Euxoa idahoensis (Grote, 1878)
WA : Chelan Co.
Junior Point C. G., 5384 ft
August 04, 1989, Crabo/Coughlin.
Specimen courtesy of LGCC
Photograph copyright: Merrill A. Peterson
Euxoa idahoensis is a small to medium-sized Euxoa (FW length 14–17 mm) that flies in a variety of forested habitats during the summer. It has dark gray-brown forewings, light-gray costal margin, and similar filling of the spots. It is smooth medium to dark gray-brown, darker gray-brown to black in the cell. The costa is pale gray or silvery gray, less often gray-tan, fading by the postmedial line. The cubital vein is similar light gray in some specimens. The terminal area is often grayer than the rest of the forewing, but not much darker. A thick black basal dash appears to be fused to the base of the claviform in some specimens. The transverse lines are weak. Most specimens have an oblique black segment of the antemedial line at the base of the costa. The postmedial line is smooth or lightly scalloped, bluntly curved around the reniform spot and then nearly straight or slightly concave at a 45° angle toward the base. The subterminal line is ochre, tan, or gray, powdery and often incomplete, slightly irregular with an offset below the apex and a weak "W" mark on the mid-forewing. It is preceded by a grayshade at the costa and usually a series of small black wedges on the mid-fprewing. The terminal line is dark, thin. The fringe matches the terminal area. The orbicular and reniform spots are outlined in dark gray or black and are lined with light to medium gray. The orbicular spot is oval or broadly V-shaped, moderate in size, open anteriorly, filled with the color of the costa and appearing fused with it. The reniform spot is kidney-shaped, darker-filled than the orbicular spot. The claviform spot is black, absent, weak, or solid black, small to moderate-sized and narrow, appearing fused to the basal dash in some specimens. The hindwing is medium-dark brown-gray with slightly darker outer half, discal spot, veins, and terminal line. The fringe is light gray with a darker base. The head and thorax are dark brown. The collar is lighter brown than the rest of the thorax in some specimens with a transverse black line across the mid-portion. A frontal tubercle is present. The male antenna is weakly bipectinate. Euxoa idahoensis is a member of the large subgenus Euxoa.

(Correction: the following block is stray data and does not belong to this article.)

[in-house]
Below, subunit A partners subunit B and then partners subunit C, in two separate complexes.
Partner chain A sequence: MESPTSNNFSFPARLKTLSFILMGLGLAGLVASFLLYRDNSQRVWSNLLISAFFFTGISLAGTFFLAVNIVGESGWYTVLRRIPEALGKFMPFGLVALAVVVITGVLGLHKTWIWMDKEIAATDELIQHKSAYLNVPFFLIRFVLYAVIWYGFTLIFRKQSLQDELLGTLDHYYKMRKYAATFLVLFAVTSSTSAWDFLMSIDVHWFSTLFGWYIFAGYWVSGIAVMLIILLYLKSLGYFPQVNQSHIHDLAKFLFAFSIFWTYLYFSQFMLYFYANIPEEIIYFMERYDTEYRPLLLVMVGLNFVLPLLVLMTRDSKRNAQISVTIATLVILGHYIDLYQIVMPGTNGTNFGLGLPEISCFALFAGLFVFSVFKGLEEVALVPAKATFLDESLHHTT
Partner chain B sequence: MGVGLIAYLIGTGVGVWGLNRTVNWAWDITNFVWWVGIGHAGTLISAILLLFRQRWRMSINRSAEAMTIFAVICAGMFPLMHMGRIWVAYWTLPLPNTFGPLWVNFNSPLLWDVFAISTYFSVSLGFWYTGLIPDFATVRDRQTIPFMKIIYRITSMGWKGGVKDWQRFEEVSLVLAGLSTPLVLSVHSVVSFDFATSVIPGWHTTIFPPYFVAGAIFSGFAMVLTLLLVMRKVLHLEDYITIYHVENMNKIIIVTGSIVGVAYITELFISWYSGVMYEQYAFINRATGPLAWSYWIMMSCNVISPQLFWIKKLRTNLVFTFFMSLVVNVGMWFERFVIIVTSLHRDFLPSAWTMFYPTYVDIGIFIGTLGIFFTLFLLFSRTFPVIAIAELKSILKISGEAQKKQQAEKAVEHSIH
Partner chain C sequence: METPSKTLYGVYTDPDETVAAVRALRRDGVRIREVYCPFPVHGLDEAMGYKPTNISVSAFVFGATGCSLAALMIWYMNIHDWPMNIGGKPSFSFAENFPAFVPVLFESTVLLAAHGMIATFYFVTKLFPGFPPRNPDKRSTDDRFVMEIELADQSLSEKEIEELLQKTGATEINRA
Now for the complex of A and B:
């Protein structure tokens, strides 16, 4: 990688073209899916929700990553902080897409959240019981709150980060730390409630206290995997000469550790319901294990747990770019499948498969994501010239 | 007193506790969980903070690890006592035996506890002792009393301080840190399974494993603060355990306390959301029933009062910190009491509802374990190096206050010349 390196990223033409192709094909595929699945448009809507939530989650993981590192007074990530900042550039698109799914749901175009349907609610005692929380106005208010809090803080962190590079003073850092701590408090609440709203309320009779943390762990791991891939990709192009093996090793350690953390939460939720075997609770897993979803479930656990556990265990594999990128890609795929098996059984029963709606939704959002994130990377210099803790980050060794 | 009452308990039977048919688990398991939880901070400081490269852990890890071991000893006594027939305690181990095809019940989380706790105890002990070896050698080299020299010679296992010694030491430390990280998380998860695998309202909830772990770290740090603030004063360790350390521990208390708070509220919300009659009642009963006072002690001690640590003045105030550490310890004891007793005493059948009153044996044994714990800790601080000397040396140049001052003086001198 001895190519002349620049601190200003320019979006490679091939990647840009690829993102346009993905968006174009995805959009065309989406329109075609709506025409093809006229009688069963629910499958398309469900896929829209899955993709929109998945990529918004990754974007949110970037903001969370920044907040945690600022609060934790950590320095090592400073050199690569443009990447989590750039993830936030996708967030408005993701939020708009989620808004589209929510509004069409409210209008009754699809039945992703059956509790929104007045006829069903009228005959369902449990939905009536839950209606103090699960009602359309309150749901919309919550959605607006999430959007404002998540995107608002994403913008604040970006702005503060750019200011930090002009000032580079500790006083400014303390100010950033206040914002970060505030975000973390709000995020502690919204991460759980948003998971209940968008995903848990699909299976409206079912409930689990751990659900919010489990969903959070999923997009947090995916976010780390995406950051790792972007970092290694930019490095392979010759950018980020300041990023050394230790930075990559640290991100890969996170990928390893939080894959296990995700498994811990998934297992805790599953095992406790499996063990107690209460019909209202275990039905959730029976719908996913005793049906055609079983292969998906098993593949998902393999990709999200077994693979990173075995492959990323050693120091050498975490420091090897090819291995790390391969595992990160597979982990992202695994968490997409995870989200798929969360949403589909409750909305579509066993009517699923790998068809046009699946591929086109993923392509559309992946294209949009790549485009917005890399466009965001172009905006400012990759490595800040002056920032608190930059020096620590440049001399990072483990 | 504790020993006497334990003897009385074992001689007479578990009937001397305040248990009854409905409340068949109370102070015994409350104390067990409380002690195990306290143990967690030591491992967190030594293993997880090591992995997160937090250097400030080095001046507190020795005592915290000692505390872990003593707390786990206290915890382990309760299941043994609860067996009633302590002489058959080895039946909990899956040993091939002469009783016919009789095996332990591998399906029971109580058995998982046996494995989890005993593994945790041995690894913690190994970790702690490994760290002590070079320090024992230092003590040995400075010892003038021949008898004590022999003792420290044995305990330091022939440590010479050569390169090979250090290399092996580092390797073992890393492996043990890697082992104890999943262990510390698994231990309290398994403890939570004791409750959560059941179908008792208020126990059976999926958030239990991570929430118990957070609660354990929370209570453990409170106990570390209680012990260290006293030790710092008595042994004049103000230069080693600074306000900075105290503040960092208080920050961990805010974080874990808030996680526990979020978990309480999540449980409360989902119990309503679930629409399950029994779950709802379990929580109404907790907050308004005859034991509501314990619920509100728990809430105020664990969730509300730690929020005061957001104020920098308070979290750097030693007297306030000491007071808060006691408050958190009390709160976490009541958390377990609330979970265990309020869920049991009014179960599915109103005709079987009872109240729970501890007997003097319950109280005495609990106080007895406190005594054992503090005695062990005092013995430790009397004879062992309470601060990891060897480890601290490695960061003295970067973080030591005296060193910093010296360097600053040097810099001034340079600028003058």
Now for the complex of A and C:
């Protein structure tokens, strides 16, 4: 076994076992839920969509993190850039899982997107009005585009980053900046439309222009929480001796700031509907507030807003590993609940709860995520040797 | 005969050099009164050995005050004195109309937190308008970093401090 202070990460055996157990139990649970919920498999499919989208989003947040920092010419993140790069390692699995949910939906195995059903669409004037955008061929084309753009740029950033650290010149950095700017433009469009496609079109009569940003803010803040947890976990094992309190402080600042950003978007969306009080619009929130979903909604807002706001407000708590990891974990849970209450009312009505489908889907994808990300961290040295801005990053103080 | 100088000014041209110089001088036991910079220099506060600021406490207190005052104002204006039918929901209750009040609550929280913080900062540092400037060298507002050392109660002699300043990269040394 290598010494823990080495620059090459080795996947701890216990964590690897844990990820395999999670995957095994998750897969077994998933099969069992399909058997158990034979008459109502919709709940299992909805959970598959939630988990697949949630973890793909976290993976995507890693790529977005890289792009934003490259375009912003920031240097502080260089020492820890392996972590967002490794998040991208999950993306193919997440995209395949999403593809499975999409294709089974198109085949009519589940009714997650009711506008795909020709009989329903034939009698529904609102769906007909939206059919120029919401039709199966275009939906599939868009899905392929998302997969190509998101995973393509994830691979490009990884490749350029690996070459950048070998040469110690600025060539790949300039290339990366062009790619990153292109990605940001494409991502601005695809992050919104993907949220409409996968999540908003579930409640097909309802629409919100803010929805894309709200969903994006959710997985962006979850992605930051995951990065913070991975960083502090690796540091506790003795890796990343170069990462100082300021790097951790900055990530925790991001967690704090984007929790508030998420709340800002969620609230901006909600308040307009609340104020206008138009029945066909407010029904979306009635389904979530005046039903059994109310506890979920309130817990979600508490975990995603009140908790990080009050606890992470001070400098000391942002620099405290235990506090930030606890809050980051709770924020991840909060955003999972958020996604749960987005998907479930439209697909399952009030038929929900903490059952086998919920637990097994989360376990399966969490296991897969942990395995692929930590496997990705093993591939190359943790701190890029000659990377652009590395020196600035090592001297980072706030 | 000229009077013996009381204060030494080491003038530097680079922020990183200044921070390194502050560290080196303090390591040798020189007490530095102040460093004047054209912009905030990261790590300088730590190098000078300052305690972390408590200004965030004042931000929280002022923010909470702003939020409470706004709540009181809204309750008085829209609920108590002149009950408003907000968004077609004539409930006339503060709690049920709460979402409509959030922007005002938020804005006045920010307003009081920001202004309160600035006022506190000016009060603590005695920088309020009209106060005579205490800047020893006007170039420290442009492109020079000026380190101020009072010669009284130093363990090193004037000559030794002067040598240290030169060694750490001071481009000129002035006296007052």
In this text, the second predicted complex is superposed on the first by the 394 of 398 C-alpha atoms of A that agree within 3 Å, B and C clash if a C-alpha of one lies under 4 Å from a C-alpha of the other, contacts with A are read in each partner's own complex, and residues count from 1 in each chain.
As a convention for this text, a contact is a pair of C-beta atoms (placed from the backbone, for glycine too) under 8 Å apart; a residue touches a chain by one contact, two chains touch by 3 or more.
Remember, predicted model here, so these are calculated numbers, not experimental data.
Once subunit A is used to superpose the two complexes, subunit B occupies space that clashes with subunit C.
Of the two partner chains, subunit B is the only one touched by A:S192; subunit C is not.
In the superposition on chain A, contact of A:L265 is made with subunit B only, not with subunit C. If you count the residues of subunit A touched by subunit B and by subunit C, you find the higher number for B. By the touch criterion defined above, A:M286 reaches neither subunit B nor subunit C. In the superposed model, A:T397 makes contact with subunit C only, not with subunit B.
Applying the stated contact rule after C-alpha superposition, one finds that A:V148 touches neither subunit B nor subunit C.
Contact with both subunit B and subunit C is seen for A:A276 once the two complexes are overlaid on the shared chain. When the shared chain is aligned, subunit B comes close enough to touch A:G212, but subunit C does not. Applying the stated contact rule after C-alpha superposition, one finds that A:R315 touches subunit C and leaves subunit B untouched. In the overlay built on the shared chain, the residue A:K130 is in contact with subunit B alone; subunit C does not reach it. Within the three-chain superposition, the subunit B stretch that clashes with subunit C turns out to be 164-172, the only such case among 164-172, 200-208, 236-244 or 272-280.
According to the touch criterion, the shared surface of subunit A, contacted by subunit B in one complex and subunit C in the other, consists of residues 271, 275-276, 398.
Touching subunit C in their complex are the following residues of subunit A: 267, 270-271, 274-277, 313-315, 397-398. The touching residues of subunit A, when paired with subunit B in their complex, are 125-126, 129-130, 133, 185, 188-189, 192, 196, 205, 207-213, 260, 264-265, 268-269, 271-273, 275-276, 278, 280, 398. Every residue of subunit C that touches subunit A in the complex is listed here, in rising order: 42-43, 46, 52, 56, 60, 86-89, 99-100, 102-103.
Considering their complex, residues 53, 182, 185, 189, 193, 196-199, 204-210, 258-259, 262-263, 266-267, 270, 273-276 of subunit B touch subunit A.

This species can usually be recognized by its dark brown forewing lacking warm yellow or red tones and gray to silvery costa. Specimens lacking a pale cubital vein are most distinctive. Euxoa idahoensis is most likely to be confused with Euxoa castanea and Euxoa furtivus. It can be distinguished from E. castanea by the color of the forewing and costa, warmer brown and yellow respectively in E. castanea. It is easily confused with Euxoa furtivus. This species was lumped with E. idahoensis at the time of the MONA fascicle (Lafontaine 1987) and was not formally recognized as distinct until recently (Schmidt and Anweiler 2010). Compared to E. idahoensis, E. furtivus is streakier, with a consistently pale cubital vein and proximal branches, dark veins elsewhere on the distal wing, and long black wedges in the subterminal area. The cubital line of E. idahoensis may be light but its branches are not, and dark preceding the subterminal line is a dark shade without wedges. The forewing spots are pale-filled in E. idahoensis, whereas those of E. furtivus usually have a darker centers. Euxoa costata is marked similarly to E. idahoensis but is bright red-brown rather than dark brown.
The type locality of Agrotis idahoensis Grote is Idaho.
Euxoa is a very large genus with many similar species, many of which are also quite variable. The genus is defined by a saccular extension of the valves in males and sclerotized plates on the dorsal and ventral ductus bursae in females. The genus was revised by Lafontaine (1987) in the Moths of North America series and is divided into eight subgenera based on structural characters. These moths are amongst the most difficult to identify. Even though the forewing color and strength of various markings can vary significantly in some of the species, the shape of the lines and spots and the color of the hindwings (often different in the sexes) are more constant. The habitat and flight period are also important in helping to narrow the possibilities.
This species is widely distributed in western North America in coniferous forests. It is common in a variety of habitats in the Pacific Northwest east of the Cascades, but is most consistently found in forested habitats. It is found in dry, open ponderosa pine forests and juniper woodlands at middle elevations, and in dry meadows and on rocky ridgetops at high elevations. It is also common on dry sagebrush steppe at low elevations, particularly during wet years, but becomes scarce in this habitat during drought years.
Euxoa idahoensis is widely distributed in forests throughout our region east of the Coast and Cascade Ranges. It has been collected as far north as south-central British Columbia.
The range of E. idahoensis included much of western North America. It occurs from central Alaska to south-eastern Saskatchewan and the Black Hills of South Dakota, south in the Rocky Mountains to New Mexico and Arizona, and west to central California.
No information is presently available regarding larval foodplants of this species, but it is probably a soil-surface feeding cutworm that feeds on herbaceous vegetation based on closely related species.
Adults of E. idahoensis fly during the summer, usually slightly later than E. furtivus. Collection records from the Pacific Northwest range from early June to early August. It is nocturnal and comes to lights.
Schmidt & Anweiler (2010)